Jewish Republicans Eyeing Kemp As Darling Candidate for 1996
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Jewish Republicans Eyeing Kemp As Darling Candidate for 1996

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Housing and Urban Development Secretary Jack Kemp dazzled a reception given in his honor by Jewish Republicans this week with a few minutes of good-humored, off-the-cuff remarks that displayed his knowledge of and connection to the Jewish community.

He talked about a 1972 trip to Israel during which he learned about Zionism from an American who had made aliyah, his visit to the sites of concentration camps in Poland, and the liberal democratic values he had been taught by Jewish activists over the years.

The charismatic Cabinet secretary, who has clashed repeatedly with President Bush over urban and economic policy, and who looks to be the favorite of the party’s conservative camp for a run in 1996, also recounted his longtime work for the freedom of Jews to emigrate from the former Soviet Union.

And, just for good measure, he threw in a sprinkling of Jewish and Yiddish words and the fact that his first girlfriend was the daughter of a rabbi, all to the delight of the hundreds at the gathering, which was sponsored by local Jewish Republicans and the National Jewish Coalition, a Republican group.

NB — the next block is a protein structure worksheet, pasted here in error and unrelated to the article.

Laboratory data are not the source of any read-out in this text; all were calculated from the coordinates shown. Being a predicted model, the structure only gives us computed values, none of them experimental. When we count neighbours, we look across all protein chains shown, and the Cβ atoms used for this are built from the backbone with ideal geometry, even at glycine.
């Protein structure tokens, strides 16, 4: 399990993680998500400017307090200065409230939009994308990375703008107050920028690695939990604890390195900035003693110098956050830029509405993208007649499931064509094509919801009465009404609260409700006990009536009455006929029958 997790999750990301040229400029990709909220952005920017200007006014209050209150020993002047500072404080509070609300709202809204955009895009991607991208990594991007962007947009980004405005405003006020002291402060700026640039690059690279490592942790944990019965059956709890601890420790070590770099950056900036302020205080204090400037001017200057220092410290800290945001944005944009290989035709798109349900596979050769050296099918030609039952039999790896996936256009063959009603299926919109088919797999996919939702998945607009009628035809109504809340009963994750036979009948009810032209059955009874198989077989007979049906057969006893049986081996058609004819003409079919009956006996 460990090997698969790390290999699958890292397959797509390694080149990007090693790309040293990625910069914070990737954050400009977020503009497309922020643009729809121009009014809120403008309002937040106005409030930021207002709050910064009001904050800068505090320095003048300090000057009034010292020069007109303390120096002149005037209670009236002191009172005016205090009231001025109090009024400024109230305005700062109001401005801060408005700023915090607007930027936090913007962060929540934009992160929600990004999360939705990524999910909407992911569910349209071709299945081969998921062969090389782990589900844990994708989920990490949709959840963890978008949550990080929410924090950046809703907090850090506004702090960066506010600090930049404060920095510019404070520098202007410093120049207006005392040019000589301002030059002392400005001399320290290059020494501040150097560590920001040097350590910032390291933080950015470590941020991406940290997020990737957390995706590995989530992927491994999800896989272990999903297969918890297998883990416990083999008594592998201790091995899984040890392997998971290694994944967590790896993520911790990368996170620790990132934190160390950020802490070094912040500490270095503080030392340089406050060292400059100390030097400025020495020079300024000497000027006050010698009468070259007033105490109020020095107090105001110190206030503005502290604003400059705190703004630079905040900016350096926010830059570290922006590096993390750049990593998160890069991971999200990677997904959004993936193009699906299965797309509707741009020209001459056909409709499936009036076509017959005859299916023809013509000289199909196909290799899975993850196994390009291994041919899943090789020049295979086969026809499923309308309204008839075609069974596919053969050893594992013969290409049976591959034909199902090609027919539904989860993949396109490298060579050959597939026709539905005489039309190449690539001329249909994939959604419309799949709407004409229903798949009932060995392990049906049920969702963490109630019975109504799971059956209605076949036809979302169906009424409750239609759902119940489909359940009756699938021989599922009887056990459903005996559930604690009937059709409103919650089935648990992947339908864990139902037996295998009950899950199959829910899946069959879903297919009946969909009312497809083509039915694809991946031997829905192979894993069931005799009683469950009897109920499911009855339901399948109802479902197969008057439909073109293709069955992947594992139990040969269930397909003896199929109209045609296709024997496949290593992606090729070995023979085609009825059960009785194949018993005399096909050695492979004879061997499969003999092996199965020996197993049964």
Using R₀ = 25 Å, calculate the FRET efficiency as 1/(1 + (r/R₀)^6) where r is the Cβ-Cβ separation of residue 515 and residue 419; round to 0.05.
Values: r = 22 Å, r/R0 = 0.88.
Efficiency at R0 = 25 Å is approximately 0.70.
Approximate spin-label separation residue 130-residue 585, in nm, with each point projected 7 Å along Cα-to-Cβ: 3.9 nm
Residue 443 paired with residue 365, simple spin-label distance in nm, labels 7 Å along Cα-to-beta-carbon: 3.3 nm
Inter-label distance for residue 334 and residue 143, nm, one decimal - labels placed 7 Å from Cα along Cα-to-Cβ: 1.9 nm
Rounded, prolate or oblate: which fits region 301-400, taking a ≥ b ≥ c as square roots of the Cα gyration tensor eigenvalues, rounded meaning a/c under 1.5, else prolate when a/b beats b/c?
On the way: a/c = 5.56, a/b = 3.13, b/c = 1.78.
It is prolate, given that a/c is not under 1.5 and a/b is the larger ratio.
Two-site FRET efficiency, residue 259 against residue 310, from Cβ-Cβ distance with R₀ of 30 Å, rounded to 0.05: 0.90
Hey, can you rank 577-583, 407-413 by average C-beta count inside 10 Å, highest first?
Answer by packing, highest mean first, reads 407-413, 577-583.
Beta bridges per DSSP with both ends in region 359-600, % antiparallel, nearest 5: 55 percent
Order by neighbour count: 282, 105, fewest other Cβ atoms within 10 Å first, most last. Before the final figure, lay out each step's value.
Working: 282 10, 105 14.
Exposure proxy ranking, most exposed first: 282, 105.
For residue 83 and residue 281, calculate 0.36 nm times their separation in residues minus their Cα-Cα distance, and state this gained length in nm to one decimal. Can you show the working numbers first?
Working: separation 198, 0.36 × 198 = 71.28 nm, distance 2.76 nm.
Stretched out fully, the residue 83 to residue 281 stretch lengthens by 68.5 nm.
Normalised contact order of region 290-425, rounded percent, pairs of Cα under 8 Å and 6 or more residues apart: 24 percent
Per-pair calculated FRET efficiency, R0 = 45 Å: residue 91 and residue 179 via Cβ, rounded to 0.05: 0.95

But above all, he stressed his deep commitment to the State of Israel. Holding up a button sported by most of the Jewish delegates at the convention, he said, “I don’t need to wear this. I’m a pro-Israel Republican down to the marrow of my bones. You don’t have to be Jewish to love Israel,” he said.

Fred Zeidman, one of the local Jewish Republican sponsors of the event, said his phone was ringing off the hook Wednesday night with people who had heard Kemp speak for the first time and were captivated by him, including a healthy sprinkling of Democrats.

“They were smitten” and said they would vote for Jack Kemp in 1996, he said.

Kemp’s appeal to Jews, said Zeidman, springs from his “absolute, unequivocal and unswerving support for Jews, Israel and for civil rights. And he’s down to earth, a populist.”

For Matthew Brooks, director of the National Jewish Coalition and an unabashed Kemp fan, Kemp is the bridge between Jews and the Republican Party.

“Jack Kemp puts a compassionate face on conservatism,” he said. “He shares the same social concerns as the Jewish community and applies Republican solutions.”

Brooks, who introduced Kemp as his “political rabbi,” said the housing secretary’s close ties to the Jewish community would give him a “tremendous springboard constituency in 1996.”

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